And you have these people who say, well, why would this person have to do this, and why do they have to do so much to, quote/unquote, "appease a small minority"? Well, it wasn't a lot to do. It wasn't a lot do for Lizzo, right? That's what we see. Literally, it was a Friday.

MR. JORGENSON: Right.

MS. ANDREWS‑DYER: Monday, it changed.

MR. JORGENSON: Yeah. And I think that you saw a lot of that in‑‑by her having such a speedy reaction to it, it seemed like everyone else kind of followed suit and like, oh, okay, and as you've noted, I don't know if I even heard the song ahead of time. I heard it after the fact. So it was the best-case scenario in so many ways, where everyone is now hearing the song and they just know is that's how the song is now.

MS. ANDREWS‑DYER: Exactly.

MR. JORGENSON: I'm going to pivot to more news, once again, a totally separate news story here, but‑‑and this one is, you know, even heavier, but the Buffalo shooting suspect was‑‑is facing multiple federal hate crime charges after his shooting rampage last month that killed 10 Black people. And, Shannon, in the aftermath of the Buffalo shooting, you know, Twitch was a big part of this story. What is Twitch doing now in response to that?

MS. LIAO: Yeah, yeah. So, you know, the Buffalo shooting was livestreamed on Twitch, and then Twitch immediately took that down from their platform. But it was disseminated across a lot of, you know, hateful communities like places where they were looking for that kind of content to just spread around and dozens of times until, you know, even though Twitch immediately had taken down the video, it was still available elsewhere. And, at the same time, I think the New York Attorney General was going to investigate both Twitch, Discord, another online platform for talking to people, especially gamers, and 4Chan and also referred to all of these at the same time as, you know, hateful platforms, which is not like to‑‑which is missing the nuance of what the different platforms are.

So Twitch itself is, you know, always trying to like pull down like combat harassment and different kinds of like bad content, but of course, people can always post it really quickly; in that split second that can spread.

Same thing with Discord. We just put out an article today on Launcher about how Discord is adding an AutoMod feature, which would automatic moderation, which is similar to Twitch, using AI to just identify quickly what is violating their terms of service and conditions and just taking that down immediately instead of relying on humans to catch it, you know, which could take much more time, and of course, that doesn't scale if, you know, there are millions of people on this platform. You can have millions of humans also watching them. It's a lot of work, and it's also traumatizing. It can be very hard for them.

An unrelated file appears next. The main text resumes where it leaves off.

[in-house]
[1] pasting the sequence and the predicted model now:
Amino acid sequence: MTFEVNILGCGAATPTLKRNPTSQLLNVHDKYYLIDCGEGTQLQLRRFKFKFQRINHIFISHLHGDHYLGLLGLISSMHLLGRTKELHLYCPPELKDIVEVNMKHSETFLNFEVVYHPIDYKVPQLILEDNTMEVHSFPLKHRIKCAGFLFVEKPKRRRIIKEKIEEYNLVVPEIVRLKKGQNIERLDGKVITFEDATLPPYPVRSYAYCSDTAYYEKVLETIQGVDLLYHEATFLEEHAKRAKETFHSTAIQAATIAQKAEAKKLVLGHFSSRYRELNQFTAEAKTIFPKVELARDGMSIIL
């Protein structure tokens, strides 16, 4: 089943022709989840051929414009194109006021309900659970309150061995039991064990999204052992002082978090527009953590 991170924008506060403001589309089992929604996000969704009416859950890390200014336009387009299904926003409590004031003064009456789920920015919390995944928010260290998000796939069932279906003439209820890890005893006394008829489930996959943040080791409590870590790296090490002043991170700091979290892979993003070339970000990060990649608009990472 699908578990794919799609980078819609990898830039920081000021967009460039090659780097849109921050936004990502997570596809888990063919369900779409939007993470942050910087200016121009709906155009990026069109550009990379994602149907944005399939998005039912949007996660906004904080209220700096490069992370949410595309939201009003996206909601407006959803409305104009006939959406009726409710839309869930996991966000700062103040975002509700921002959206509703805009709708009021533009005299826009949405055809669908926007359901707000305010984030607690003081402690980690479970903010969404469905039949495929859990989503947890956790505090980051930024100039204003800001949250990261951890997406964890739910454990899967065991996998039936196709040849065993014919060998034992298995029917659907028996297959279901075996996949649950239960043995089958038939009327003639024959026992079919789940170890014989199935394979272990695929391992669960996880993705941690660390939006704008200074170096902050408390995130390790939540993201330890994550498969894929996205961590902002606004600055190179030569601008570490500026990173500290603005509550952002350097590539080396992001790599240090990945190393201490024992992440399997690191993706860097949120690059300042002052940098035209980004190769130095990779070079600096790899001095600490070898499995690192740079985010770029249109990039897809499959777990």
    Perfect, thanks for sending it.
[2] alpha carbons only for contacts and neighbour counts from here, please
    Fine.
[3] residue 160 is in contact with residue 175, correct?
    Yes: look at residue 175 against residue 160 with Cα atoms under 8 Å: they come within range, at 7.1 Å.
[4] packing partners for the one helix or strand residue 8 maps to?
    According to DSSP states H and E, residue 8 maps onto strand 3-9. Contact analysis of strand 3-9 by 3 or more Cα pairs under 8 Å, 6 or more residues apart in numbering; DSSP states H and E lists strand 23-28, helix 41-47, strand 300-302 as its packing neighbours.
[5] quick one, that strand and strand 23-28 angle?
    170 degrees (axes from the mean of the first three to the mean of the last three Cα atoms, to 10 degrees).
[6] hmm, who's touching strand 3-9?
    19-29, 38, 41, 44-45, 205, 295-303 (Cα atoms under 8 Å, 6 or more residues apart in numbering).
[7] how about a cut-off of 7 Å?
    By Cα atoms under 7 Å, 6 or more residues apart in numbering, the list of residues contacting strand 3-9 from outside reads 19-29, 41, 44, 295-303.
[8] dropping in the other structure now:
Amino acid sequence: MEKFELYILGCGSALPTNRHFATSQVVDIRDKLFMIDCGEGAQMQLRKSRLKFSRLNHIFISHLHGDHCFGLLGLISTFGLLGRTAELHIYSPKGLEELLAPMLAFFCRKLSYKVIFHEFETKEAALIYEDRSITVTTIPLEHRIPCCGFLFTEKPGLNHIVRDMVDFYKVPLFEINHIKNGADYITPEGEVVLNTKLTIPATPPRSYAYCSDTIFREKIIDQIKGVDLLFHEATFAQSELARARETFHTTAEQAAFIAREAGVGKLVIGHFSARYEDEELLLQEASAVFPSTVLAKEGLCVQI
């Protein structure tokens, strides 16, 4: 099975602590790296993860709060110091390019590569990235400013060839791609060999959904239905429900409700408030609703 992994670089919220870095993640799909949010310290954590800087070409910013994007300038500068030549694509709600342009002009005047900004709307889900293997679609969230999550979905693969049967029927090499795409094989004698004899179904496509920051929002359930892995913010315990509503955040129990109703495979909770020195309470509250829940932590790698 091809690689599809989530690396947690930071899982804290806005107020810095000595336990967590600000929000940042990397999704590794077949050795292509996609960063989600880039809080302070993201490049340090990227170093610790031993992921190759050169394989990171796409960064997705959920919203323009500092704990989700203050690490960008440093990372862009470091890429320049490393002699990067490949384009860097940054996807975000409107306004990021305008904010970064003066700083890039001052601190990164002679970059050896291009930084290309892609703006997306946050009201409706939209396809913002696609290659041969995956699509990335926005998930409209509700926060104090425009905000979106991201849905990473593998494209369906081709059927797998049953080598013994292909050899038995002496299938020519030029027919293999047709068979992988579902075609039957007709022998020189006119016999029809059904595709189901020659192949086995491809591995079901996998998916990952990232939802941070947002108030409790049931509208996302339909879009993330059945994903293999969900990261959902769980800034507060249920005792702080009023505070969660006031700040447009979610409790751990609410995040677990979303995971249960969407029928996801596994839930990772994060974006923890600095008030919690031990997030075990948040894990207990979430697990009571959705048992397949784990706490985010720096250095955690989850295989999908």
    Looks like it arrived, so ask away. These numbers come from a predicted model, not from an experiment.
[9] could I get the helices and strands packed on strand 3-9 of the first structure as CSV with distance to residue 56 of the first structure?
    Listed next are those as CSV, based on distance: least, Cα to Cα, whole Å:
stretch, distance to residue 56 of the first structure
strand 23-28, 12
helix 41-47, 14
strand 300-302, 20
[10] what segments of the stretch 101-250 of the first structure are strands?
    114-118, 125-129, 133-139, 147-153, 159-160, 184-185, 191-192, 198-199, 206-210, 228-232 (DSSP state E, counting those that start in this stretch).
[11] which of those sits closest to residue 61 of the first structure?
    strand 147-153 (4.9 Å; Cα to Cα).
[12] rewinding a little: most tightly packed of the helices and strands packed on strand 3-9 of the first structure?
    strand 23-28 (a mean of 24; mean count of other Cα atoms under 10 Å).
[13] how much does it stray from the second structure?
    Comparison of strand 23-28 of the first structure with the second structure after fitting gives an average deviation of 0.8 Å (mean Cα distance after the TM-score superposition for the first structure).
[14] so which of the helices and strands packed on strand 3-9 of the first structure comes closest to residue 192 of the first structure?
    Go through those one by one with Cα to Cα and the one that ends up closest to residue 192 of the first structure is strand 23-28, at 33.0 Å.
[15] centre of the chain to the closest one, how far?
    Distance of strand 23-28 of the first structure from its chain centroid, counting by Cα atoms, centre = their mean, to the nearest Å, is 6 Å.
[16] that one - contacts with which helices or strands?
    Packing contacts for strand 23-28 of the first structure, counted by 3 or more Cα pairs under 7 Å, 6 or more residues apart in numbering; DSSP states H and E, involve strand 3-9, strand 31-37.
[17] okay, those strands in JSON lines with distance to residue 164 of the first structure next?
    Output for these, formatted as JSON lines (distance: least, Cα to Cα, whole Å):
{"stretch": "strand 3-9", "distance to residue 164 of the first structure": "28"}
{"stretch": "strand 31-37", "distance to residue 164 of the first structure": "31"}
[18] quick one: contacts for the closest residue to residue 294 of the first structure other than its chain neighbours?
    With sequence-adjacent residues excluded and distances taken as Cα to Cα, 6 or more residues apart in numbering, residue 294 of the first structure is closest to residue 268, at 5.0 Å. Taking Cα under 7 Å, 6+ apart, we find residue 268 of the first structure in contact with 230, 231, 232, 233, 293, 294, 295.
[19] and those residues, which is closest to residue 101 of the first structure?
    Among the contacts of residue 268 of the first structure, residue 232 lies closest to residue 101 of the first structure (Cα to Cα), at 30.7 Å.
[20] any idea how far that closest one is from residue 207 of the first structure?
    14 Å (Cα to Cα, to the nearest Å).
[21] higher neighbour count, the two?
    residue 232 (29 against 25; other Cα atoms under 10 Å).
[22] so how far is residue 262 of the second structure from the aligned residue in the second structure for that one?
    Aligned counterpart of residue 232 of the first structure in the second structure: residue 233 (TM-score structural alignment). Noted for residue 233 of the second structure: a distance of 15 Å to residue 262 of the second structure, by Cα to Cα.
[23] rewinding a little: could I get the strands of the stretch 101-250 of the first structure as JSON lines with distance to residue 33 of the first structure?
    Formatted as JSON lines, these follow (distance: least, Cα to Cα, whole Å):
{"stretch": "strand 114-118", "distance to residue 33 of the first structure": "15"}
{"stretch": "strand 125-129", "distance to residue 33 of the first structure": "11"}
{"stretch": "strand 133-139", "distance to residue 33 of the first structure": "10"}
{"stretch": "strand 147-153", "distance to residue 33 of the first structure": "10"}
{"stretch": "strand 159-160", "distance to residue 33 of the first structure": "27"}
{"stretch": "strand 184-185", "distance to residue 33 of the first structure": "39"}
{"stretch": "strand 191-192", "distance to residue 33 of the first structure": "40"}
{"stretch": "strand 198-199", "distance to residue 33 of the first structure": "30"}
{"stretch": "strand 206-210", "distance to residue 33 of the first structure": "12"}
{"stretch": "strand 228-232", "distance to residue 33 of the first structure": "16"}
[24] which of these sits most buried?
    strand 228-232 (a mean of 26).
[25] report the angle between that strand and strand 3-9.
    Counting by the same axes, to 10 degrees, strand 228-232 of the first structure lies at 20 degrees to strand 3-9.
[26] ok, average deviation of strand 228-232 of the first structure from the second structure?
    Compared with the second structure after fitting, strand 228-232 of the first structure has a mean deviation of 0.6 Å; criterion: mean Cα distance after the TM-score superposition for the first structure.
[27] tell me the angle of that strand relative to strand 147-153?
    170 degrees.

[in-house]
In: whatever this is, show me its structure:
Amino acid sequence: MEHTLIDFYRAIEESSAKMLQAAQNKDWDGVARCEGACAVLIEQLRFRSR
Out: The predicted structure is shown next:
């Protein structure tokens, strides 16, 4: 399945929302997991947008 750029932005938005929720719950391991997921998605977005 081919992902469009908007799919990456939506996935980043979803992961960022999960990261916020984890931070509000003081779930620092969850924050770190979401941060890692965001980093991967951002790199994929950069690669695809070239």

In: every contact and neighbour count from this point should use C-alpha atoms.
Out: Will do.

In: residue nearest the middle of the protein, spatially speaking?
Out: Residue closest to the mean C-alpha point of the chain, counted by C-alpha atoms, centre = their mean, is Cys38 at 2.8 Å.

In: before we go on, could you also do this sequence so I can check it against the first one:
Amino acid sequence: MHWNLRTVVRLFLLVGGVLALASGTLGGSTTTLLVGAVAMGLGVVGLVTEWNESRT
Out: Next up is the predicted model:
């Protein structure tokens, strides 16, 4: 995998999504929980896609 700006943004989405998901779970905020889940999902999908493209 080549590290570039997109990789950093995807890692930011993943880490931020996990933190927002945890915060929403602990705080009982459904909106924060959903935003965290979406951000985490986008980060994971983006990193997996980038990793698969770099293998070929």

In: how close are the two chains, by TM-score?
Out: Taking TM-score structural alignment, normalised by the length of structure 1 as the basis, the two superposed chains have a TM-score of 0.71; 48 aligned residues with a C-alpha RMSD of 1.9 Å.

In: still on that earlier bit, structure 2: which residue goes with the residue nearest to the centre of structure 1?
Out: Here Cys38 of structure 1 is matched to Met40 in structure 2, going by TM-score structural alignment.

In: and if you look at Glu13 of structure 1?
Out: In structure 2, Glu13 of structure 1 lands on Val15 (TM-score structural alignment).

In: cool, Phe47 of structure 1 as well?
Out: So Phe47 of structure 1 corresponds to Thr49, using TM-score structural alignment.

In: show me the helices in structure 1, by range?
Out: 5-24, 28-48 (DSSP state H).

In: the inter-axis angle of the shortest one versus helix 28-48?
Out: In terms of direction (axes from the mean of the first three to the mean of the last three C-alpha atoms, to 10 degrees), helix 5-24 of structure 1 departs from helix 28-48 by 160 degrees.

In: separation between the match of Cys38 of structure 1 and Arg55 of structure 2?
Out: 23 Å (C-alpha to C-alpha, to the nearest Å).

So these platforms are trying to rely on a mixture of both human moderation and artificial intelligence, but ultimately, this kind of thing keeps happening over and over again. So it's an ongoing question of how tech companies can address, you know, these kinds of, like, livestream shootings and other terrible content that does disseminate across their platforms.

MR. JORGENSON: Wow. That is, again, quite a bit. I could unpack any of these questions for a full panel, so maybe we'll have to do something in the future.

MS. LIAO: Yeah, I would love to.

MR. JORGENSON: I'd like to piggyback‑‑yes, please, even if it's just a friendly Zoom.

Helena, I have one more question for you, and I want to talk about mainstream TV shows, that they're integrating same‑sex storylines with frequency now. How does this help to normalize queer identities that Jonathan himself talks a lot about‑‑themselves‑‑excuse me‑‑a lot about in their book?